Possible Questions and Attempted Answers

Curiosity is Cool

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What’s Cacao?

Cacao is a fruit or “pod” that grows on the trunk of a tree native to Central and South America. The part of the pod used for chocolate making is the seed or bean, which is usually fermented in the pulp of the surrounding fruit prior to use. The Cacao tree is happiest growing between 20 degrees north and south of the equator in mid-elevation areas with abundant rainfall and moderate temperatures. The species has traditionally been divided into three lineages, criollo, forastero, and trinitario. Researchers continue to discover more genetic lineages of cacao.

What about ceremonial use of cacao?

Archaeologists have found remnants of cacao in ceramic artifacts in Mesoamerica (Mexico and Central America). The Mayans and the Olmecs cultivated the cacao plant and incorporated a beverage made from cacao into their culture, practices later adopted by the Mexicans. Cacao is depicted in Mesoamerican art as a tree of life, and the beverage a food of the gods. The frequency of these images, as well as the glyph associated with cacao, indicates that the plant was central in these pre-colonial cultures. Throughout the process of Spanish colonization in the Americas, specific understanding of how cacao was used ceremonially has been lost. However, even the conquistadors recognized the significance of the plant and brought it back to Europe. What record is available of the earlier use of Cacao suggests that it was a drink shared especially by the ruling elite in these civilizations, drank as a part of social rituals and customs. It may have also been used to make offerings to royalty or gods, or during celebrations.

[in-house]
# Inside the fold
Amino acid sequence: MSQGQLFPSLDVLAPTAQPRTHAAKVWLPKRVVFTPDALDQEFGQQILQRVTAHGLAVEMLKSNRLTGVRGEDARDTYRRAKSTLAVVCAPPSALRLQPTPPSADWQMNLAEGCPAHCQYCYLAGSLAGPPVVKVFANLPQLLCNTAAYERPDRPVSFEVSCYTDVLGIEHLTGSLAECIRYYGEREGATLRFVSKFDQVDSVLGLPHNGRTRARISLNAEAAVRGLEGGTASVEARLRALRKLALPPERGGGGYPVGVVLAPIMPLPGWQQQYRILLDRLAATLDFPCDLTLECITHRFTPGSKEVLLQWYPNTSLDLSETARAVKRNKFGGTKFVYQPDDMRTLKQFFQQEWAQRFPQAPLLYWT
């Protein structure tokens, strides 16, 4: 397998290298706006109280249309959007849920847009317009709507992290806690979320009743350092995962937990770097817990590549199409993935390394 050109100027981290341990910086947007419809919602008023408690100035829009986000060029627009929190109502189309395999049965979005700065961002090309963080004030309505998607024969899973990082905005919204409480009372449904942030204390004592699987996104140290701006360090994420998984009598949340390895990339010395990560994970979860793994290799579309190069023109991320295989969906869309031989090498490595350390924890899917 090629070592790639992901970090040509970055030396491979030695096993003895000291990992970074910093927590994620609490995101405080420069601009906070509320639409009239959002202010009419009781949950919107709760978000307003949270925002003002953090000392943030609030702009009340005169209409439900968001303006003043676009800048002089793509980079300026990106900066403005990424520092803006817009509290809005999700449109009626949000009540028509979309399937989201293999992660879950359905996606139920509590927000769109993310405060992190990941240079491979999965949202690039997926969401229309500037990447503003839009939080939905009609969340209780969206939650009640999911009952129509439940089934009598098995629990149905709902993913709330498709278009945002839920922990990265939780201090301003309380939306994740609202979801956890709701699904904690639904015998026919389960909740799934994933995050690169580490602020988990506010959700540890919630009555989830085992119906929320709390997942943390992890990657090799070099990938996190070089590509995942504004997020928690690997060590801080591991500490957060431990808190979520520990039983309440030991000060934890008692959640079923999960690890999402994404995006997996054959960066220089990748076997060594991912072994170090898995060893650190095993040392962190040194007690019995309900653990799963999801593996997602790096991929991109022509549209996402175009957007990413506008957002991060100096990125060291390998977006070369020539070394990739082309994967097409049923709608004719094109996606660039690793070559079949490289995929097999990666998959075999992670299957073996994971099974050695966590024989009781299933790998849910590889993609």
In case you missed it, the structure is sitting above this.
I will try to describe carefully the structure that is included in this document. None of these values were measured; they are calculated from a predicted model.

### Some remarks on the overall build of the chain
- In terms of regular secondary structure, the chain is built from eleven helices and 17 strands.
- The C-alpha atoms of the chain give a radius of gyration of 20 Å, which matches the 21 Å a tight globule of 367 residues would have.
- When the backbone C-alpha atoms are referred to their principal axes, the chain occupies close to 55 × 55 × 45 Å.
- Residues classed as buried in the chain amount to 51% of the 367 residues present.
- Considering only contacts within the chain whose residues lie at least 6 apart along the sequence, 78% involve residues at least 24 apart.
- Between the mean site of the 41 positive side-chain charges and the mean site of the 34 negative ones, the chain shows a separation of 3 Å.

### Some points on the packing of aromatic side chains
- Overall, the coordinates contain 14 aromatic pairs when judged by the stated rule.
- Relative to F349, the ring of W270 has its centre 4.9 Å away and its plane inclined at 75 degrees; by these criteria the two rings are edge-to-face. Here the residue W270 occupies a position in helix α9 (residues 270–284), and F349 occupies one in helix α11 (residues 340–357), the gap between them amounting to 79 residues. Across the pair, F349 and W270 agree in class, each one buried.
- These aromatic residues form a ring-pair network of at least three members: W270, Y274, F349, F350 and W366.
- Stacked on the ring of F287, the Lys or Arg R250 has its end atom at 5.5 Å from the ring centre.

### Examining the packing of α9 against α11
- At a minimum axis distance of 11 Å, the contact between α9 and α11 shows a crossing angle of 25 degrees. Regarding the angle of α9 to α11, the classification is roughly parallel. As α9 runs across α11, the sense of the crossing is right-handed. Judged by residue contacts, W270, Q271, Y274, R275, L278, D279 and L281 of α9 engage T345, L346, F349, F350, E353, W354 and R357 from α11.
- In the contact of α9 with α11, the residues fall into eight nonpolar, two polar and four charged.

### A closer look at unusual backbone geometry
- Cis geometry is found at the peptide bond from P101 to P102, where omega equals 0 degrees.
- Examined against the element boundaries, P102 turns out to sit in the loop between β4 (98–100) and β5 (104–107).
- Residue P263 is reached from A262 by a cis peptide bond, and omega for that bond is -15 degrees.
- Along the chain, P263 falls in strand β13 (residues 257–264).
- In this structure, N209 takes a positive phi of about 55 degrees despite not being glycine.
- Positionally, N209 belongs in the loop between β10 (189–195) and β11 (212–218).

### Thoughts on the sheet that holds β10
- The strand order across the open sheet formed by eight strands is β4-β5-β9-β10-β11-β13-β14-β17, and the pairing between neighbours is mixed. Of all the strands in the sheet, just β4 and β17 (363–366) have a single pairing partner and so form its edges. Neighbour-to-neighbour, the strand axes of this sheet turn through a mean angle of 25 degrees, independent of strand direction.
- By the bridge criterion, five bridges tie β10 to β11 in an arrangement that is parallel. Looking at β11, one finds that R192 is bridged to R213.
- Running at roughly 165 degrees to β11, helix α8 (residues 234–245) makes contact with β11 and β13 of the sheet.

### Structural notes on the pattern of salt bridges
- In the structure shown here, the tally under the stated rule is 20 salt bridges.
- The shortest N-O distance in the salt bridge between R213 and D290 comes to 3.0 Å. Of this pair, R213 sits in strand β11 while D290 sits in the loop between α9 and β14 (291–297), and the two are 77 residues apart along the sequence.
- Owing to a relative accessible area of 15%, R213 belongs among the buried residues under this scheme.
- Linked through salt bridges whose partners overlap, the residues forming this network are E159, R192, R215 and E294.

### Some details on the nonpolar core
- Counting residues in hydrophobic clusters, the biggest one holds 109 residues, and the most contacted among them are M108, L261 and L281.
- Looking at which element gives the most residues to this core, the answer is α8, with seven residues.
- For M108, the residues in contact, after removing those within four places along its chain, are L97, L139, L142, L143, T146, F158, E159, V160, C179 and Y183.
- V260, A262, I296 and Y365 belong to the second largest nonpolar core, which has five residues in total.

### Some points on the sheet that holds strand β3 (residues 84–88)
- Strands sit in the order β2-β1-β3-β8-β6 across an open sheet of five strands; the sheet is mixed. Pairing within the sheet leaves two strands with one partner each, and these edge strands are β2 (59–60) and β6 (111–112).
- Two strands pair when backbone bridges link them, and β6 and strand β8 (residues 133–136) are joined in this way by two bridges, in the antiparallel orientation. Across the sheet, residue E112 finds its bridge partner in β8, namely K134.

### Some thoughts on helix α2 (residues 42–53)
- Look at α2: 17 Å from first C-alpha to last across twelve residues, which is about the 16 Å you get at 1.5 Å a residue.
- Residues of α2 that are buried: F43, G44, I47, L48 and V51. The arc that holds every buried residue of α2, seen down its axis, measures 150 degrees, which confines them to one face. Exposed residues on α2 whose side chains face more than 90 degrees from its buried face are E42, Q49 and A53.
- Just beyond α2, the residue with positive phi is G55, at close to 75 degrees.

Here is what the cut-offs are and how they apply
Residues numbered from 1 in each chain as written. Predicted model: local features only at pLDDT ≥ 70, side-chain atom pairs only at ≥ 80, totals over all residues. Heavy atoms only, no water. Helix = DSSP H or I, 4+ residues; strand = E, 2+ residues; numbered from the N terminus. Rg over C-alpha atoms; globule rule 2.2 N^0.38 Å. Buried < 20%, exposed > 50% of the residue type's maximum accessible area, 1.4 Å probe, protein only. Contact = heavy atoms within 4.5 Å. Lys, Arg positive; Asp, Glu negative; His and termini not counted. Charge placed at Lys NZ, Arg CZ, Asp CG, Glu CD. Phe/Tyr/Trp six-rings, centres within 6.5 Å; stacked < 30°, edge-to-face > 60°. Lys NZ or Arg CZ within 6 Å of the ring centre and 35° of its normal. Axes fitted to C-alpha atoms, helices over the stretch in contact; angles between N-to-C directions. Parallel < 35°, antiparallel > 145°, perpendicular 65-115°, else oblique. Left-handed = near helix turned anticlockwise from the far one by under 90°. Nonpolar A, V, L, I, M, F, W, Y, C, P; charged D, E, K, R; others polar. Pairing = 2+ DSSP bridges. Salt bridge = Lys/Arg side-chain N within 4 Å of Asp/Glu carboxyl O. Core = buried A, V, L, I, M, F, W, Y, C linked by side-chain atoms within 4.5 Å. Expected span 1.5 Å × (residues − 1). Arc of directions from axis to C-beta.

Today we find contemporary spiritual seekers using cacao in a variety of contexts including yoga practice, dance, meditation, musical performance, flow state, and a whole host of intentional activities.

Health benefits of cacao?

We eat cacao every day in many different forms and can see how it positively affects our lives and overall health. We aren’t doctors, we’re chocolate makers, but there have been a number of recent studies exploring the medicinal and health effects of consuming cacao. Some of these include:

  • Boosts Serotonin levels in the brain, calming hormones during PMS cycles.
  • Lowers cholesterol levels
  • Contains anti-inflammatory flavonols that prevent heart disease.
  • 700 antioxidant compounds known as Polyphenols that can prevent the hardening of the arteries and premature aging.
  • Lowers the stress hormone Cortisol.
  • Improves skin texture. Studies found that women who eat cacao with at least 326 mg of flavonols per day had better skin texture, improved microcirculation, increased oxygen saturation, and improved skin hydration.
  • Improves cognitive function and could prevents Alzheimer’s.  A Harvard study showed that drinking two cups of cacao a day improved memory and increased blood flow to the brain.
  • High in healthy monounsaturated fats.

Of course, there remains much to be discovered and we encourage you to do your own research and come to your own conclusions.

Here are a few resources for further reading on the topic:

What’s special about Nicaraguan cacao?

The Heirloom Cacao Preservation Fund, an initiative of the Fine Chocolate Association and the United States Department of Agriculture, have identified the Northern Mountains of Nicaragua as being one of a select few regions worldwide containing heirloom cacao trees. Old growth cacao trees have genetics perfectly adapted to the soil and climate of the region. These landrace cacao strains have developed quality flavor profiles unique to Nicaragua. Being heirloom varieties, they do not require artificial inputs to grow abundantly, and grow wild in their natural habitat in symbiosis with the other native species of the mountainous rainforests of Nicaragua.


Has Nicaraguan cacao won any awards?

In the 2018 International Chocolate awards, Omnom, an Icelandic bean to bar chocolate maker, won overall best in competition for their Milk of Nicaragua chocolate bar. The cacao for those chocolate bars was sourced from the same region where we get our beans. Cacao from this region won more medals at the 2018 international chocolate awards than the entire country of Peru. An article in Forbes highlighting bean to bar makers in the USA proudly features the award-winning Nicaragua 68% chocolate bar by the French Broad Chocolate Company. Don’t take our word for it, many others agree that Nicaraguan cacao is special.